Hospitals faced with challenges in ICU staffing often compare two virtual options: bunker model vs. teleICU. What are the differences between the bunker model and teleICU, and how should hospitals compare them depending on use cases? This blog addresses the many factors hospitals should consider when choosing one over the other.
History of Virtual ICU Care
On April 6, 2000, the Baltimore Sun ran a story: Telemedicine business is launched by 2 doctors. It was about two Baltimore-area intensivists. Drs. Brian Rosenfeld and Michael Breslow had just inked a deal the day before with Sentara Healthcare to set up a bunker model at two hospitals in Norfolk.
As the Sun reported, intensivists at the hospitals “will still staff their ICUs the old-fashioned way in the morning. But each of the specialists will also spend a few nights a month at an electronic command center… supervising patients during hours when there is no intensivist on the unit.”
Thus was born the bunker model for virtual ICU care. The Sentara unit was the first of its kind in the country. The Sun was breaking news on a brand new model, birthed in response to a persistent shortage of critical care physicians. That model remains today in heavy use and to good effect for health systems—but there is another model of delivering virtual care to the most critically ill patients: teleICU.
What is the Bunker Model?
The bunker model for virtual critical care essentially seeks to recreate the in-person care team, but remotely. The traditional bunker setup puts a critical care physician with nurses, respiratory therapists, and pharmacists together in a room called a “bunker.” That room is virtually connected to patient rooms throughout a hospital ICU or across multiple hospital ICUs. Each of the rooms is wired with video and audio capability to enable real-time monitoring and patient care. This team can round as they would in person but much faster while providing critical care coverage to multiple facilities.
What is teleICU?
In contrast, the teleICU model connects remote critical care physicians with in-person care teams to provide expertise, guidance, and support for making life-saving patient care decisions. TeleICU physicians conduct rounds on patients with the on-site care teams via telemedicine carts and are available rapidly for consultation in emergent situations. In this model, there is no centralized bunker. Instead, teleICU is a distributed network of critical care physicians who can work from nearly anywhere. This model isn’t trying to recreate an entire care team remotely but provides 24/7 coverage of critical care physicians and surge capacity while proactively integrating into the existing ICU workflow at each hospital site.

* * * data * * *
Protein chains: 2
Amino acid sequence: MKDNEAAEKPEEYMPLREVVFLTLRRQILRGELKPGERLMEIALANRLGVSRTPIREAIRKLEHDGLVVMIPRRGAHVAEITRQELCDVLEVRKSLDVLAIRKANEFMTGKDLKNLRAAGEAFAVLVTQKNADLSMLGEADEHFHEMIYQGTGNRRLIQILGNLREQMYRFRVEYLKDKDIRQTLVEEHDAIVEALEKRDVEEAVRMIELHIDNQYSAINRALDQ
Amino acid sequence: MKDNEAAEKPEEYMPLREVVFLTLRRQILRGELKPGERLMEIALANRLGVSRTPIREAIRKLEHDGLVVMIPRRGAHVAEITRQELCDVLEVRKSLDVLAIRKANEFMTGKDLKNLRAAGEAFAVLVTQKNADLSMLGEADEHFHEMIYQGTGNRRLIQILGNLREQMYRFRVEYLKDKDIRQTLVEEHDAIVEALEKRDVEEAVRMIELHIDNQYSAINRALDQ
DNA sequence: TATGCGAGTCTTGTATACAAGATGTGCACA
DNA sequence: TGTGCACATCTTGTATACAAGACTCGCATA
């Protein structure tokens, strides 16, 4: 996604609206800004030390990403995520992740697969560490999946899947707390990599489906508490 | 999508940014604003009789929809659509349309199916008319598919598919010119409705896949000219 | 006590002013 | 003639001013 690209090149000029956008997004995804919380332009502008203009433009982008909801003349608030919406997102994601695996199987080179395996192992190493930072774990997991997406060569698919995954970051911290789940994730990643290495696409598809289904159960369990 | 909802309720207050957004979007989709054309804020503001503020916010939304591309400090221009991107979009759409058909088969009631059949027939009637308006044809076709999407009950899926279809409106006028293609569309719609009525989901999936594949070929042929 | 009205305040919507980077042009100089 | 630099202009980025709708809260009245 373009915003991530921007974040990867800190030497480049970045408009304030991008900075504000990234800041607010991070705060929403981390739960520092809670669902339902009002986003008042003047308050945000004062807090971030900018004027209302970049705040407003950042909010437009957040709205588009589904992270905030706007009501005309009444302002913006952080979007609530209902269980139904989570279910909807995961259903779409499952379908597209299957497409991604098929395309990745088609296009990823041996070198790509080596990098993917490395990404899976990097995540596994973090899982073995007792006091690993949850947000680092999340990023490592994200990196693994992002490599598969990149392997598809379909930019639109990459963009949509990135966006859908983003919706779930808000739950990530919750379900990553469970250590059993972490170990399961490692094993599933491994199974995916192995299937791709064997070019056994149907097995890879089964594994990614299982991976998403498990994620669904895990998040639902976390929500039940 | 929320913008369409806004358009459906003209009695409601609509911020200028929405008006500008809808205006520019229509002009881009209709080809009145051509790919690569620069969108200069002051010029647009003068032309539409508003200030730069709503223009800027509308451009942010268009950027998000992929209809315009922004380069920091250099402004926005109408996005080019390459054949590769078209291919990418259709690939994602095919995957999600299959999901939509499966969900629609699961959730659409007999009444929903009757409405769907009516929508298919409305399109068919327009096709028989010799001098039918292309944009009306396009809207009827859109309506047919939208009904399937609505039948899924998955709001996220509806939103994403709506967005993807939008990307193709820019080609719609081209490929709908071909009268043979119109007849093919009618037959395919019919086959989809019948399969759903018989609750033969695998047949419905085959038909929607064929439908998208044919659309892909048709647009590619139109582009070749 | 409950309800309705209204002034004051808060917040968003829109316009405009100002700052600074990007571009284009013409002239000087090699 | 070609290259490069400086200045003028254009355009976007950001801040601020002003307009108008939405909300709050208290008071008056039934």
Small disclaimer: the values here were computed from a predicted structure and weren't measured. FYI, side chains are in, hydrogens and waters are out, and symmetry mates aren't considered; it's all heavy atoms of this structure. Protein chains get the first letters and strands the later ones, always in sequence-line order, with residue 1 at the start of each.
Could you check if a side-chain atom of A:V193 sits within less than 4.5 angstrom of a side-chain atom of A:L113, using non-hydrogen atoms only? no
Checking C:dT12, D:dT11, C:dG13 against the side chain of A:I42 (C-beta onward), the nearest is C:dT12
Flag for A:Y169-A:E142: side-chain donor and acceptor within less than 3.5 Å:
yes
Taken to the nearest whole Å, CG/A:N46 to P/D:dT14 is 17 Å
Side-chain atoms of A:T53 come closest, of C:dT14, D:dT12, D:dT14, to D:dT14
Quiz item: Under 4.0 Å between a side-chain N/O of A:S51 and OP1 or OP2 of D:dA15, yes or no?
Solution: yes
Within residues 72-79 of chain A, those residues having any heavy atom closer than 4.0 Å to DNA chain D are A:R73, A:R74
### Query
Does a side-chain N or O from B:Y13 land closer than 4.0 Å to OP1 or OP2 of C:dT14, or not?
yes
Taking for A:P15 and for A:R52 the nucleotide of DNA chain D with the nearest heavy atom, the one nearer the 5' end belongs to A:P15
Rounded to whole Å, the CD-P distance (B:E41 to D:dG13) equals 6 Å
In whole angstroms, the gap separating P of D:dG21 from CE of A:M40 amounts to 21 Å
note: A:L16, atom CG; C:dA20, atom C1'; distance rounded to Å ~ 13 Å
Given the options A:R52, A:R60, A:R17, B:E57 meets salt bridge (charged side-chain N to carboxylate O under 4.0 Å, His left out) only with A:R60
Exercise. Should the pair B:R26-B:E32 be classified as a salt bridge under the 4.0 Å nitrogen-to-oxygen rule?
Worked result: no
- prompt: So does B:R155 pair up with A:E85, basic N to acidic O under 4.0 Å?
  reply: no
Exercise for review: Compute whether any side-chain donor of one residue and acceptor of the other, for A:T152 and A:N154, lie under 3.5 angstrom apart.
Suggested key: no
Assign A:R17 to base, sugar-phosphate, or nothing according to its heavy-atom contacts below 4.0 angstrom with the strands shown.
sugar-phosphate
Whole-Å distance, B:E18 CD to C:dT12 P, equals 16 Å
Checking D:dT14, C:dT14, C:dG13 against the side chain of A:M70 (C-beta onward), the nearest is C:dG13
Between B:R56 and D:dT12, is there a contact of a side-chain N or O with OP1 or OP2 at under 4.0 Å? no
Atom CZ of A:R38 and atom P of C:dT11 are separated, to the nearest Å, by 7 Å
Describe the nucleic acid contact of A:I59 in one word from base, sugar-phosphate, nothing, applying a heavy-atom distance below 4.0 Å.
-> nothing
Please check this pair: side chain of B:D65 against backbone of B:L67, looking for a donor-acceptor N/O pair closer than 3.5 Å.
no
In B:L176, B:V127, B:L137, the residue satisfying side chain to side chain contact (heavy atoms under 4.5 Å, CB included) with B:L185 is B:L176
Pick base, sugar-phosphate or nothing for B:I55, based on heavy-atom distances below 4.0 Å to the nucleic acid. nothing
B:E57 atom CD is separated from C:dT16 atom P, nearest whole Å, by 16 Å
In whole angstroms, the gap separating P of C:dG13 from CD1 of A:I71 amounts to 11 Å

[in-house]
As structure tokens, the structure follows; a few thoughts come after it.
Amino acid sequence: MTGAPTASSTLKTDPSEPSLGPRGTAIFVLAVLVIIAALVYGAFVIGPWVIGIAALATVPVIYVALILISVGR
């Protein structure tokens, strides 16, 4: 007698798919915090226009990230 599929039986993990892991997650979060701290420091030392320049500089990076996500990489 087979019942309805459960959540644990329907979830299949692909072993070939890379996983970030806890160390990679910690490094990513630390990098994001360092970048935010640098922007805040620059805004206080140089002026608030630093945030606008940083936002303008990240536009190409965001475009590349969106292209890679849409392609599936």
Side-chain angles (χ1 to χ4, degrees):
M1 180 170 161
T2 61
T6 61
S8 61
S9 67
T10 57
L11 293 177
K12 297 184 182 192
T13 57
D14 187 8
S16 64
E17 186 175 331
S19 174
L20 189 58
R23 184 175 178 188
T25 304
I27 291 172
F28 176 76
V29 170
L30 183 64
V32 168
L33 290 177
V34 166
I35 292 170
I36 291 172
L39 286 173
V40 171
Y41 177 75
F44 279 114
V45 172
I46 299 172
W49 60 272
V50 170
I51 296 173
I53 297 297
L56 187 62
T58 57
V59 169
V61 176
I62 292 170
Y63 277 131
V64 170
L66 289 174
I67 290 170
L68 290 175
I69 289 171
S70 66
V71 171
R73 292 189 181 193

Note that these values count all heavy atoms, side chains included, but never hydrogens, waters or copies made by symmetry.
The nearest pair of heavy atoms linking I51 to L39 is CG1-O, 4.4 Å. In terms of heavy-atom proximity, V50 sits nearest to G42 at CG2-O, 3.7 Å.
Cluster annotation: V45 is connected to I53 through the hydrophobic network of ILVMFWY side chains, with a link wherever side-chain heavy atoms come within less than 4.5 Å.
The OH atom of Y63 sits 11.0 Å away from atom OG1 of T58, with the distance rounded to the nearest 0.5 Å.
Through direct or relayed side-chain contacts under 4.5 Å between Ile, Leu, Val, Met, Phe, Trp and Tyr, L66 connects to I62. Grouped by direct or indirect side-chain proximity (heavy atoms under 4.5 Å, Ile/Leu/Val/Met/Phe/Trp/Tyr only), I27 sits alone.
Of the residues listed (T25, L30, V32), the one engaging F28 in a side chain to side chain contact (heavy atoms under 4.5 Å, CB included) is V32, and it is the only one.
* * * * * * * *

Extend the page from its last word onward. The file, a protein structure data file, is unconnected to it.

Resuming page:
Differences in Cost
The Bunker Model requires a significant upfront investment to connect each patient room. A report from Philips estimates the cost of implementing an ICU bunker model at $2-5 million.
According to Access TeleCare’s Dr. David Fedor, a critical care physician who has worked extensively in both settings, the bunker model is most appropriate for a mid-sized health system with multiple sites, especially one that employs its own physicians. Once hospitals make the initial capital investment, they can utilize their clinicians to work shifts in the bunker, as in the original Sentara example.
The distributed teleICU model typically requires very little upfront investment. SOC’s Telemed IQ telemedicine platform can run on existing hospital infrastructure and legacy carts or other mobile devices.
Differences in Flexibility
A teleICU model will naturally provide greater flexibility and accessibility than a bunker model with wired hospital rooms on the ICU floor. This is because telemedicine carts can be wheeled into any area of the hospital, including inpatient floors or the emergency department.
“Have Wi-Fi, will travel,” Dr. Fedor says of the teleICU model. “Anywhere you can wheel the cart, we can go to provide care.”